What diversity does to work groups…

Apparently it doesn’t make them happier but more effective. That’s the result of a study I heard about on the radio (NPR) two days ago. Unfortunately I cannot find it on the web and I didn’t pay attention to the name of the researcher while I was listening – but the point they made deserves some consideration:

In their self assessment diverse work groups (in terms of gender, race, cultural background, professional background, political affiliation etc.) tend to claim that they are less effective and efficient than more homogeneous groups. But when their goal achievement was assessed using external measurement, it turns out that they achieved higher goals or found better solutions within the same amount of time. One possible reason being that a more diverse group doesn’t fall into the trap of group-think that easily, and – as social network analysts know – diversity of networks is linked to innovation, as strangers bring in new ideas. Two words of warning though:

1. Often the mixed groups didn’t enjoy their work together as much as the homogenous groups, as there was more conflict.

2. The positive effect of heterogeneity can only be realized if those with “strange” ideas and opinions get the room to speak and don’t shut down because of pressure to follow established norms.

12 Responses

  1. too bad you can’t find it! I’d love to quote that study!

  2. Hopefully they can continue to study this and discern the results from groups that are diverse because they were reverse engineered to have politically correct ratios or if they were naturally diverse because managers always hired the best talent.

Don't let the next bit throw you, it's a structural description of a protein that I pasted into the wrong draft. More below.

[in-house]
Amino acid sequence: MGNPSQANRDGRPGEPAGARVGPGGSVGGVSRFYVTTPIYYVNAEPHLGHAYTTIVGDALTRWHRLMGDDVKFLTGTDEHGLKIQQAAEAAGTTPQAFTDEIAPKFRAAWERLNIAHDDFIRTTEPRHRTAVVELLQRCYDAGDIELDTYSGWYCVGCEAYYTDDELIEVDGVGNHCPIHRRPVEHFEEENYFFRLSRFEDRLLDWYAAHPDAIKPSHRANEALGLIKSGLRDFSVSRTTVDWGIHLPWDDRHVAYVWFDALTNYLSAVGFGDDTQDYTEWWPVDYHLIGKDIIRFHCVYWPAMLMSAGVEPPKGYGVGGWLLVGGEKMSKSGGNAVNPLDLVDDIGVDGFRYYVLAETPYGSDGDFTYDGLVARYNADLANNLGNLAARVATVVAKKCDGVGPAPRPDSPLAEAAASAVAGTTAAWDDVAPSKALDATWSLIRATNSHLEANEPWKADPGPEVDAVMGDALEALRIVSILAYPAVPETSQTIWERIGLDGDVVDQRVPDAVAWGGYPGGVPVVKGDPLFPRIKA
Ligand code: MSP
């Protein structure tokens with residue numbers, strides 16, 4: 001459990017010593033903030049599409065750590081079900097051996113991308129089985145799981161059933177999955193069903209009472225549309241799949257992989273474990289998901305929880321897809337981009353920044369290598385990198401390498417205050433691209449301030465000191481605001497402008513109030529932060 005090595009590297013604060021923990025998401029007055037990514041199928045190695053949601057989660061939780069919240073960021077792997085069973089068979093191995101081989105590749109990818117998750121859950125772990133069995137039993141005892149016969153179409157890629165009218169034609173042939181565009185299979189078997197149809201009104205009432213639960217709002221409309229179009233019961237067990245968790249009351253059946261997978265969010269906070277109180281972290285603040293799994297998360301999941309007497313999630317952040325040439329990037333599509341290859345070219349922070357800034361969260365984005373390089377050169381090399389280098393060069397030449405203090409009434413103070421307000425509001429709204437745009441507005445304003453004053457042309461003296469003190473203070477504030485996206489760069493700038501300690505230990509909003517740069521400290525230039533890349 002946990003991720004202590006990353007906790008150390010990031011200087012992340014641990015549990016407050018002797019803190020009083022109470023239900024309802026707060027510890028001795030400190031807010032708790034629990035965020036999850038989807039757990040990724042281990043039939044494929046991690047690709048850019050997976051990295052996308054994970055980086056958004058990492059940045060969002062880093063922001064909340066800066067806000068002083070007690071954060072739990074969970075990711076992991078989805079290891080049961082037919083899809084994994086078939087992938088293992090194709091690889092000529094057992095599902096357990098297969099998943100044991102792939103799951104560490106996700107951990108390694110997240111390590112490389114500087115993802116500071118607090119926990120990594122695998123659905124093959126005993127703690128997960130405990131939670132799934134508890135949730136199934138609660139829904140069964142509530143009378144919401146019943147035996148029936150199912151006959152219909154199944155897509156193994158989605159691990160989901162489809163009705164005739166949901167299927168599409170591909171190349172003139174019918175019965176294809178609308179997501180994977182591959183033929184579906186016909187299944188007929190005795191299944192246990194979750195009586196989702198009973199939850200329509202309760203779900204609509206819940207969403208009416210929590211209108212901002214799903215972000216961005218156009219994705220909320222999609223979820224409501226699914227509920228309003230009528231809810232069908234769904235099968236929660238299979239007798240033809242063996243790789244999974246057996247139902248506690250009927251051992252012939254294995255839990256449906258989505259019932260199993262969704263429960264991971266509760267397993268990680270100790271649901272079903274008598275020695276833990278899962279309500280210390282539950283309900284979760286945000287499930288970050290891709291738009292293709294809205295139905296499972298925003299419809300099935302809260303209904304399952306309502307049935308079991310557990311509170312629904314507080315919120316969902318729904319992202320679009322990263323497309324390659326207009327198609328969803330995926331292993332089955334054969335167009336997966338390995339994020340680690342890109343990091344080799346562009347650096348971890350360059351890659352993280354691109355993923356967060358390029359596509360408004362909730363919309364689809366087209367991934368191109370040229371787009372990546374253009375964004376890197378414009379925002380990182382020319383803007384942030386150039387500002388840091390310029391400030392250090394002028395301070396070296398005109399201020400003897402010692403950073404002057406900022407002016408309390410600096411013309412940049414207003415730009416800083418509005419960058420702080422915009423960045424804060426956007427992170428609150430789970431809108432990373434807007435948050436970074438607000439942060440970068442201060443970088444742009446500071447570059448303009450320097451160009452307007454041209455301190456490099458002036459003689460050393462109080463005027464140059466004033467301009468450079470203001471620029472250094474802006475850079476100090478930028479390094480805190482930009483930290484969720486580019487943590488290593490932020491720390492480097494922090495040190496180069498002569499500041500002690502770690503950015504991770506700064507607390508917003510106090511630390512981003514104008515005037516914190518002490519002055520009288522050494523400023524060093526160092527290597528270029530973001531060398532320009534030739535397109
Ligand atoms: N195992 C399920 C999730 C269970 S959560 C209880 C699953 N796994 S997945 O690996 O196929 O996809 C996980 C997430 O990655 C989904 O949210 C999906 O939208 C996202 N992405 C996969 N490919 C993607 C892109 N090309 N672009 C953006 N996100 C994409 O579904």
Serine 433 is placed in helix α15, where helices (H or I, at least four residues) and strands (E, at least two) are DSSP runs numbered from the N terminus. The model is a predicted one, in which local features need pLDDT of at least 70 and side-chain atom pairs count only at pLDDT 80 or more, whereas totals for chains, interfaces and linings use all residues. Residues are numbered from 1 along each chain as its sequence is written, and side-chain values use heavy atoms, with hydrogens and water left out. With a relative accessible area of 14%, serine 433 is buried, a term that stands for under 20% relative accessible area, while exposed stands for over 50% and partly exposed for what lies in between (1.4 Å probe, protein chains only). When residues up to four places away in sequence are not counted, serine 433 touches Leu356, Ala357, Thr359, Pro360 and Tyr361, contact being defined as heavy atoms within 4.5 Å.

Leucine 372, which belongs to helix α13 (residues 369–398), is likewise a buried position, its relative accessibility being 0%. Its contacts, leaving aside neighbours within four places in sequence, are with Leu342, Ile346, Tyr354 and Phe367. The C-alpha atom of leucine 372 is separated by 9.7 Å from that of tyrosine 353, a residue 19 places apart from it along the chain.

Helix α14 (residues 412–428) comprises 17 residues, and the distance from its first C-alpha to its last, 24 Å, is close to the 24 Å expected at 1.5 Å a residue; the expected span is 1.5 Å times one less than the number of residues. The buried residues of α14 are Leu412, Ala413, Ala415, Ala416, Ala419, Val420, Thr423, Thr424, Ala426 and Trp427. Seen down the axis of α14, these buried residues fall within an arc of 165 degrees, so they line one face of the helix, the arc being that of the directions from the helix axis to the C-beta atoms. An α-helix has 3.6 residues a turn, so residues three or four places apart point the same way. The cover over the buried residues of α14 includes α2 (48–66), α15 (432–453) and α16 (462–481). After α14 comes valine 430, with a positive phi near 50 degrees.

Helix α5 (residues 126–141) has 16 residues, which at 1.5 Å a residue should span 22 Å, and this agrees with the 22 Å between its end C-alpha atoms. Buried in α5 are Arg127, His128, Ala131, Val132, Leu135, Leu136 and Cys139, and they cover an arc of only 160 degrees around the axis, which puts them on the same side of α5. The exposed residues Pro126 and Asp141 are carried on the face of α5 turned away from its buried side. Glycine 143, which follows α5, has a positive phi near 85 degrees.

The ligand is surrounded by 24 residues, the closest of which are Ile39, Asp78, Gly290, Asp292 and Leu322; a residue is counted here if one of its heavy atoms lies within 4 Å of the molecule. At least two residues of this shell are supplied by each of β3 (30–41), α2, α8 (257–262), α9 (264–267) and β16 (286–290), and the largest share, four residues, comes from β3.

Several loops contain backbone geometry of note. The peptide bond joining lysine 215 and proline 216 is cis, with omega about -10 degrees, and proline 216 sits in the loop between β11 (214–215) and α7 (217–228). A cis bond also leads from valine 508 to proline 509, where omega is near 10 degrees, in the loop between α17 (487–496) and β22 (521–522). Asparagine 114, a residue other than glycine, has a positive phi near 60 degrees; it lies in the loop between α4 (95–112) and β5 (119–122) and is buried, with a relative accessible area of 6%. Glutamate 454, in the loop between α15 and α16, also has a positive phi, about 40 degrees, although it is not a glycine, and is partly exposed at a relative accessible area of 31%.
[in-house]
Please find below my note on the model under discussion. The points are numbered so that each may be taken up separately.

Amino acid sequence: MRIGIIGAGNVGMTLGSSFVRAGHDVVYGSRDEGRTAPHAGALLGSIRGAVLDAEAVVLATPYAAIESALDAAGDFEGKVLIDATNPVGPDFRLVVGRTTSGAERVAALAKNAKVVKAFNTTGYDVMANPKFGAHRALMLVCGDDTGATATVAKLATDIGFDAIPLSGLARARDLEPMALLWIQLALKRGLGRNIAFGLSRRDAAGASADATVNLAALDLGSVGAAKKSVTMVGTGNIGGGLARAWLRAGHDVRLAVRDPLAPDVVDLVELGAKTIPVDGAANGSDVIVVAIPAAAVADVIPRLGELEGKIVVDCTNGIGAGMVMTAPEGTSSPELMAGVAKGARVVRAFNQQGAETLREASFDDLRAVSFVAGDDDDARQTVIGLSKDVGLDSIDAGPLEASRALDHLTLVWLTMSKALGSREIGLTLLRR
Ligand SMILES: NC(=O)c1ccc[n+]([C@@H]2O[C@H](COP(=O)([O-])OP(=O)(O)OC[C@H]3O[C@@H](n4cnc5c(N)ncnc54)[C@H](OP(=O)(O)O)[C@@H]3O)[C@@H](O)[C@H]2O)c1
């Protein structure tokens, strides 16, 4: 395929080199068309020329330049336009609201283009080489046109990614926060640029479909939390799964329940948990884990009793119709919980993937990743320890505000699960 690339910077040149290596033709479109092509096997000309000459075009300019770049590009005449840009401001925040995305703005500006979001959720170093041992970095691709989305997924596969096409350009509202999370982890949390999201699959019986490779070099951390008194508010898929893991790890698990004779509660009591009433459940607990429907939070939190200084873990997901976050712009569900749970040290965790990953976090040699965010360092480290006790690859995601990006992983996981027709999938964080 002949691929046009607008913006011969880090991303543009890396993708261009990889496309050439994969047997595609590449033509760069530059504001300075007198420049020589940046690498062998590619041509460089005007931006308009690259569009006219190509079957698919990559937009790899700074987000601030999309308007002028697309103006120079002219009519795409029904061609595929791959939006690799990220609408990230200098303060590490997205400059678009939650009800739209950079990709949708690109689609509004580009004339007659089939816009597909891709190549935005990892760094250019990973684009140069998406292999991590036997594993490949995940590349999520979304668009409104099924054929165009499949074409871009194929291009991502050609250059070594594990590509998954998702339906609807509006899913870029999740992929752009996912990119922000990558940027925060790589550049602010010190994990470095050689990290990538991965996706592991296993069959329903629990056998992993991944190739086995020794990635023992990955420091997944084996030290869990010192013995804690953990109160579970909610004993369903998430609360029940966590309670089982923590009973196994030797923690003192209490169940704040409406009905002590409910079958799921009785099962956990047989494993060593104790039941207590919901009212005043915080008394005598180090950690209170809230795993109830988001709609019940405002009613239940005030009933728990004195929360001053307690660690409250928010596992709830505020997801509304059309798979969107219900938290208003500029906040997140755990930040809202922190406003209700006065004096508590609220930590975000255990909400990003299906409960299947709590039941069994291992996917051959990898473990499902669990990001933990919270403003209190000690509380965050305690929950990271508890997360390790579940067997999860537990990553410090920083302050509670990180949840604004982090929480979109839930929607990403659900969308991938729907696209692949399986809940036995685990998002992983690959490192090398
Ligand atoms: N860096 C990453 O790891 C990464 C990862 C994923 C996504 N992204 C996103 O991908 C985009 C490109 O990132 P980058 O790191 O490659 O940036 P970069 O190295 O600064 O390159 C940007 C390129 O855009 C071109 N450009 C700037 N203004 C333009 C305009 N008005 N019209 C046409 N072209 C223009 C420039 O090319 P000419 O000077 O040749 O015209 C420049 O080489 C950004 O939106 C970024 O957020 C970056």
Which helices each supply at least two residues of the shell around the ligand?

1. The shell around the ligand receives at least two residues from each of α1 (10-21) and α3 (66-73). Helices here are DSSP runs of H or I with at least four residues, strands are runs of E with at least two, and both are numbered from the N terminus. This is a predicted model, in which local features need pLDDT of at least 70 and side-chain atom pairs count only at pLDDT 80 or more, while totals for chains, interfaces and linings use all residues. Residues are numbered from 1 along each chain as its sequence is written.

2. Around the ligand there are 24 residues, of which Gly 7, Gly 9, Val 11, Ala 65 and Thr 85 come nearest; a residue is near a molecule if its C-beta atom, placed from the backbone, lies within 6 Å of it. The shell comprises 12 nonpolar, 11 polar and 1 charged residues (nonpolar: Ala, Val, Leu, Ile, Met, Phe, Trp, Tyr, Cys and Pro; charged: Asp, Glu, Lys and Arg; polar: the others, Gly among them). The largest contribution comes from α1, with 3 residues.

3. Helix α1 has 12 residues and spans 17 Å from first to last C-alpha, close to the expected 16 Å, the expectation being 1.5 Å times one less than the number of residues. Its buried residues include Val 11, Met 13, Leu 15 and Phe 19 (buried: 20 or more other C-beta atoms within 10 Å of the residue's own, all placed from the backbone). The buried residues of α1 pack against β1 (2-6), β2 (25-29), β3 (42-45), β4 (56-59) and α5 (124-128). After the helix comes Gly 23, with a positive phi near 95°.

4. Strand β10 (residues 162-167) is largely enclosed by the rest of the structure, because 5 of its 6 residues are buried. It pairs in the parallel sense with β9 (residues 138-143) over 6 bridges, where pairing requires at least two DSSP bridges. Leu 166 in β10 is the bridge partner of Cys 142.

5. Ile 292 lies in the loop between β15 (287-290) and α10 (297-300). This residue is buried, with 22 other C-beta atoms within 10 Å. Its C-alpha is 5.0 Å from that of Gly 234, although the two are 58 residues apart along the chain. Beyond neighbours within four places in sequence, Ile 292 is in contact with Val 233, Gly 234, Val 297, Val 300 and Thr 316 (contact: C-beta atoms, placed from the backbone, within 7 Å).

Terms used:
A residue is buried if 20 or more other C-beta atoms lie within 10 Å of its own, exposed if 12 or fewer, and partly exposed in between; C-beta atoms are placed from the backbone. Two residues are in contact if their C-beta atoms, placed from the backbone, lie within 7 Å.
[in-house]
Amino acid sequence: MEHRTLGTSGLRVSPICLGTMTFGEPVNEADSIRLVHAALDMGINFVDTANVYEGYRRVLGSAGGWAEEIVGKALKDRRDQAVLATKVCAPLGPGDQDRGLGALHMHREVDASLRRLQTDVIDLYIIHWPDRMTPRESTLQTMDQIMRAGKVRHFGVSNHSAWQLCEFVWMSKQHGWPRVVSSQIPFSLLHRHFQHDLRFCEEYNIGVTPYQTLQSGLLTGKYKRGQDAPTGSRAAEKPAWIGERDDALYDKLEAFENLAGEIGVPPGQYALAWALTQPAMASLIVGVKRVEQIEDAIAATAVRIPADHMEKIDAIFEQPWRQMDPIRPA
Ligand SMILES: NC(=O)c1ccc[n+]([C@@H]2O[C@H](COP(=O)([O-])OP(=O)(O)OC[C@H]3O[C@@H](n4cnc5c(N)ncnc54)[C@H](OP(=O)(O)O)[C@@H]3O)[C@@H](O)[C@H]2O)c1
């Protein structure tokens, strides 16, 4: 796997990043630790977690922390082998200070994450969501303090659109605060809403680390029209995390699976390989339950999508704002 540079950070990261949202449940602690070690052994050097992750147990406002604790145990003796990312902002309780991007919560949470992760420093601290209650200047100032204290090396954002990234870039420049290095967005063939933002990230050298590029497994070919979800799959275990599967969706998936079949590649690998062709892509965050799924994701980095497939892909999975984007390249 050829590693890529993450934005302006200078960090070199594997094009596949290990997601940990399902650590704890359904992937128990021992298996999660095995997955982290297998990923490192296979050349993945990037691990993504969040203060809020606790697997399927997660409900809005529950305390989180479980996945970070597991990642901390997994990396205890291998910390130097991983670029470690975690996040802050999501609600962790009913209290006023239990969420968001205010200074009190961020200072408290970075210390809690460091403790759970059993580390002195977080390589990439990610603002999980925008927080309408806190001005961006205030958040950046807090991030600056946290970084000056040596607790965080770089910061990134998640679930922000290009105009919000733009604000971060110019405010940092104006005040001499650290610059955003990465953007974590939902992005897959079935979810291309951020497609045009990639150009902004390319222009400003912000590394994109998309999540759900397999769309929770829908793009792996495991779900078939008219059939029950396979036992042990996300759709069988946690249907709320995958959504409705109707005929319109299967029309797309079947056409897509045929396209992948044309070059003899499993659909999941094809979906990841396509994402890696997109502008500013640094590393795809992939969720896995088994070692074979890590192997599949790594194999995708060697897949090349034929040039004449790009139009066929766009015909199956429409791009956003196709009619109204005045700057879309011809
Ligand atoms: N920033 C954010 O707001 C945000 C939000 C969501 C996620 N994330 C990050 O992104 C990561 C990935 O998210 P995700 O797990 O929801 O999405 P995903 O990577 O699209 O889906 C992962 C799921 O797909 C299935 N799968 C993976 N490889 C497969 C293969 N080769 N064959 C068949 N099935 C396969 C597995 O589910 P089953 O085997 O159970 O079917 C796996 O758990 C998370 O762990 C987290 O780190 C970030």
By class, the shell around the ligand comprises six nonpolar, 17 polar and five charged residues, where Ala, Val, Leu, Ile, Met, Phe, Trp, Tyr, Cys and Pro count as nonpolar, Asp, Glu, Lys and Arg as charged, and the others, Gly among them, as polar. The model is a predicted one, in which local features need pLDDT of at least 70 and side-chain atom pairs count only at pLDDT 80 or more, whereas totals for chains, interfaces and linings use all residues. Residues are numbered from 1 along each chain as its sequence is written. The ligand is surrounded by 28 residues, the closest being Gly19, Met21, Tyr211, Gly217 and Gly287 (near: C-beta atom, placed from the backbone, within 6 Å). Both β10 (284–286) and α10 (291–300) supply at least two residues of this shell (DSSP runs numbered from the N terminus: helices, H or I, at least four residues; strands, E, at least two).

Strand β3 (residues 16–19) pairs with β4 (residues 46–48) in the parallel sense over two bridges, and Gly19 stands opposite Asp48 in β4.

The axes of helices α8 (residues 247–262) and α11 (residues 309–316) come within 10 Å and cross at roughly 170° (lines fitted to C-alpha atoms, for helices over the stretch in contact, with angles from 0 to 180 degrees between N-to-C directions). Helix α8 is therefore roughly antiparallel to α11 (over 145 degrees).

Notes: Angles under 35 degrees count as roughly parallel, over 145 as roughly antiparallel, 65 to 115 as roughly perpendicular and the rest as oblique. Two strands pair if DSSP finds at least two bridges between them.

I’ve aimed that latter for a long time and have ended up with diversity that would be a dream for any HR direcctor. But we never approached it in a quota sort of way. It was all about getting a diverse mix of talents and backgrounds but always getting the best candidate, but if you do that in a color blind way you get the other kind of diversity.

  3. Dear Neil and Noora,
    I have just written to NPR to see if they can help me find this study. And also a second one that was mentioned in the discussion, about the way that mixed (race) juries tend to deliver more thought through verdicts.

    The groups they researched in the first study were students, I don’t know whether their diversity within the group was because of ratios or other reasons…

    What do you find in your diverse work environments: Does it increase effectiveness and/or frustration of team members to have to work with people who are very different from each other? Does the fact that they are all experts in a similar field reduce diversity to a level that makes it easier to work with each other?

  4. Hi Eva,

    Good questions. I’ve found that it isn’t a barrier. The only race issue I’ve had in 20 years of managing people was a black woman who assumed an Asian man was discriminating against her because “that is so common for them.” It was pretty obvioius where the prejudice was really coming from in that case.

    I’ve found that if the people are pretty mature then it doesn’t pose much of a barrier. They are predisposed to work to get along with others. There may be some cultural differences but if they have clear roles and responsibilities and goals and if they are recognized and rewarded for teamwork then everything goes quite well.

  5. interesting topic- I found that diverse groups can also really fail- it takes more to make such a group work!

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